Davy Gilia (Gilia latiflora)

Davey Gilia

A Davey Gilia stalk poking up between the California Poppies in the Antelope Valley Poppy Reserve.

Davy Gilia (Gilia latiflora) also known as Hollyleaf gilia and broad-flowered gilia is a flowering plant commonly found in the open flats or sandy areas and can carpet the western Mojave Desert.  The wild flower grows at 2500 to 4000 feet in elevation and grows to reach about 18 inches in height.

The plant features a small five leafed flower about one inch across which is purple in color and features a white throat.

Typically a Southern California Flower, the Davy Gilia has been observed in southern Nevada in the areas surrounding Rhyolite and Beatty, NV.

 

 

Beavertail Prickly Pear (opuntia basilaris)

Beavertail Prickly Pear

Beavertail Prickly Pear

The Beavertail Prickly Pear cactus (opuntia basilaris) is very common in the desert south west, and would go most of the year most of the year without a second glance.  However this species of cactus exemplifies the best of what the desert has to offer in one symbol.

The Beavertail Prickly Pear grows in clumps, low to the ground and grows horizontally rather than vertically like the iconic saguaro.  The dull greenish grey leaves grows feature a complete lack of spines and a shaped which gives the plant it’s name.  The pads of this cactus lake the spines traditionally associated with cactus, but rather the pads are covered with minuscule, gray-blue bristles which feature barbed tips which easily puncture human skin.

Each spring the cactus puts on a display of wild flowers which is amazing to behold in the arid desert environments.  Typically starting the March, each cactus pad my put out several shoots which Colosseum in a burst of colors, most commonly a vibrant pink but also known to be yellow, white or rose colored.

The cactus typically grows in  rocky , sandy plains, valleys, washes & canyons  all over Arizona, California, Nevada, Utah and Northern Mexico.

Spreading Phlox ( Phlox diffusa )

Spreading Phlox ( Phlox diffusa ) is a perennial shrub with small needle like leaves.  This is a small white flowering plant which prefers alpine, sub-alpine environments and rocky or sandy soil.  This is a low growing plant which is commonly only two to eight inches tall.

Phlox diffusa is a small white flowering plant which prefers alpine and sub-alpine environments.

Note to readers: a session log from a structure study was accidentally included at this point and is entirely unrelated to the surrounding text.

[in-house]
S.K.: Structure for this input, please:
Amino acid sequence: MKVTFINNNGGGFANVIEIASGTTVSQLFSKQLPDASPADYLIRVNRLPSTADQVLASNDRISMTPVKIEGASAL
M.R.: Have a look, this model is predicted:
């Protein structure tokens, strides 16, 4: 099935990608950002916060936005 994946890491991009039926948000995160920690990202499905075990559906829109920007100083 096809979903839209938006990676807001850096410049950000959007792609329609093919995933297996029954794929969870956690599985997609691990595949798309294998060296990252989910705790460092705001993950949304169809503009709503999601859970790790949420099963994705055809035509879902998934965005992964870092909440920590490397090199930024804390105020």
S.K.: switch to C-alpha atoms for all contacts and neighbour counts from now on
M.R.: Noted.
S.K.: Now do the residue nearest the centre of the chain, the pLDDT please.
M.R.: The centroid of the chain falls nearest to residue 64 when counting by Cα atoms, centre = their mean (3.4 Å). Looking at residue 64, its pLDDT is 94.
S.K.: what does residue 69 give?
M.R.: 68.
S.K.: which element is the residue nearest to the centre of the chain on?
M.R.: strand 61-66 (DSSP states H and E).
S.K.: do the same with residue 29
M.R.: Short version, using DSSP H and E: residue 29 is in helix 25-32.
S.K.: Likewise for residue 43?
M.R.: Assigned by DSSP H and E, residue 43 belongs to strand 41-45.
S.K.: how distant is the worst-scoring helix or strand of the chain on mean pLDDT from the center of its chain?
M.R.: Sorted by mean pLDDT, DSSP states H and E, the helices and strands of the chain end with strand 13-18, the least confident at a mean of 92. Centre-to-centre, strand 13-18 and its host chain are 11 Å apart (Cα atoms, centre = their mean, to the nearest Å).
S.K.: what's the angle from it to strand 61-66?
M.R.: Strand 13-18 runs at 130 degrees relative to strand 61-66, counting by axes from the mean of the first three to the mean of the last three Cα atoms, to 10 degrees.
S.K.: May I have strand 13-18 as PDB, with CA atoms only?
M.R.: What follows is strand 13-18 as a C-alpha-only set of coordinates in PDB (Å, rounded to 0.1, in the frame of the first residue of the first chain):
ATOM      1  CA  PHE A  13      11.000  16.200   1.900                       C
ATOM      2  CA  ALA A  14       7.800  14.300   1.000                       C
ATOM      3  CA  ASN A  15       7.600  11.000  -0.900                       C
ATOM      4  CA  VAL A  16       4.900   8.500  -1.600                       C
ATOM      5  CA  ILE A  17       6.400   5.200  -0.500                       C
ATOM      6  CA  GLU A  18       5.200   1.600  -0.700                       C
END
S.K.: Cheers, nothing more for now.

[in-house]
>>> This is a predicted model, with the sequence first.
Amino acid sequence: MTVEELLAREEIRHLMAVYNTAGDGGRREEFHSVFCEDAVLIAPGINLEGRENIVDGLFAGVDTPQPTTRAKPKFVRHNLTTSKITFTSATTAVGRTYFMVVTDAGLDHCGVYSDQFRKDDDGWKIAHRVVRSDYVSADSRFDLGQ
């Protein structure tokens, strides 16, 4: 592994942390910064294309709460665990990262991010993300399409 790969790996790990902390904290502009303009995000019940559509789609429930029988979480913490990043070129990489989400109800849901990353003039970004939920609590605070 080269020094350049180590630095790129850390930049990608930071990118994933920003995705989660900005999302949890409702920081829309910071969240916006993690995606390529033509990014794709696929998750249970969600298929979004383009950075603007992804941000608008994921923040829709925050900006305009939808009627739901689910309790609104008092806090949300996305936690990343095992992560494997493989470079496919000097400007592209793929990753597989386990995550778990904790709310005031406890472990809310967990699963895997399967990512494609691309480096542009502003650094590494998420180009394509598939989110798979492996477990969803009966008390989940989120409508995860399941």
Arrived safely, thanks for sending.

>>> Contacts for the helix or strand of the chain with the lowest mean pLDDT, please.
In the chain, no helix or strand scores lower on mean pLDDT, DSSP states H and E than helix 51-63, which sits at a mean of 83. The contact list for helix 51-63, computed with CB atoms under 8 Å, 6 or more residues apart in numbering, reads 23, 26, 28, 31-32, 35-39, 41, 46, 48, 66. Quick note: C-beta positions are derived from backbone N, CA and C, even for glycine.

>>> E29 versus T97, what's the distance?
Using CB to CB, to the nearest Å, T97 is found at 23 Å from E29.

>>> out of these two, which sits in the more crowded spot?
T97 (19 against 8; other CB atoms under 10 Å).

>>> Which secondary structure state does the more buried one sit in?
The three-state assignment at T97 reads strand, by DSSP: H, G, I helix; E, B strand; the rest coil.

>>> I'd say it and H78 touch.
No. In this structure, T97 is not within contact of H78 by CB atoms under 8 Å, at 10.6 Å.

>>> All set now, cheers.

Photographed in the White Moundtains, Phlox diffusa is a small white flowering plant which prefers alpine and sub-alpine environments.

Commonly found high in the mountain and distributed in the western United States and Canada.  The five petaled flowers range from a clean white color to lavender or pink.  The blooms are typically visible from May to August.

Desert Marigolds

Desert Marigold (Baileya multiradiata) are an abundant and well distributed flower across the desert south west.   The bright yellow flowers first appear in bloom in early March and may bloom several more times upon subsequent rains brought in my the desert monsoons.   It is not uncommon to view the Desert Marigold display until November depending upon the conditions.  A wildly distributed flower, the elevations they may be found at range from 100 to 6500 feet above sea level and may be found from California to Texas.

Desert Marigolds

Desert Marigolds located off the Old Mojave Road.

 

Desert Primrose ( Oenothera deltoides )

Desert Primrose

Desert Primrose

The Desert Primrose ( Oenothera deltoides ) is a small bush-like flowering planet with delicate white flowers.  The primrose ranges from 2″ to 18″ high and frequents the sand dunes of the Mojave and Sonoran Deserts as well as the Great Basin.

The Desert Primrose blooms from January through May during which the 2 – 3″ bloom opens in the evening and closes mid morning.  The small oval shaped branches are pale green in color grow to about 4 inches in length.

The Desert Primrose is also known by the following common names:

  • Basket Evening Primrose
  • Birdcage Evening Primrose
  • Devil’s Lantern
  • Lion-in-a-Cage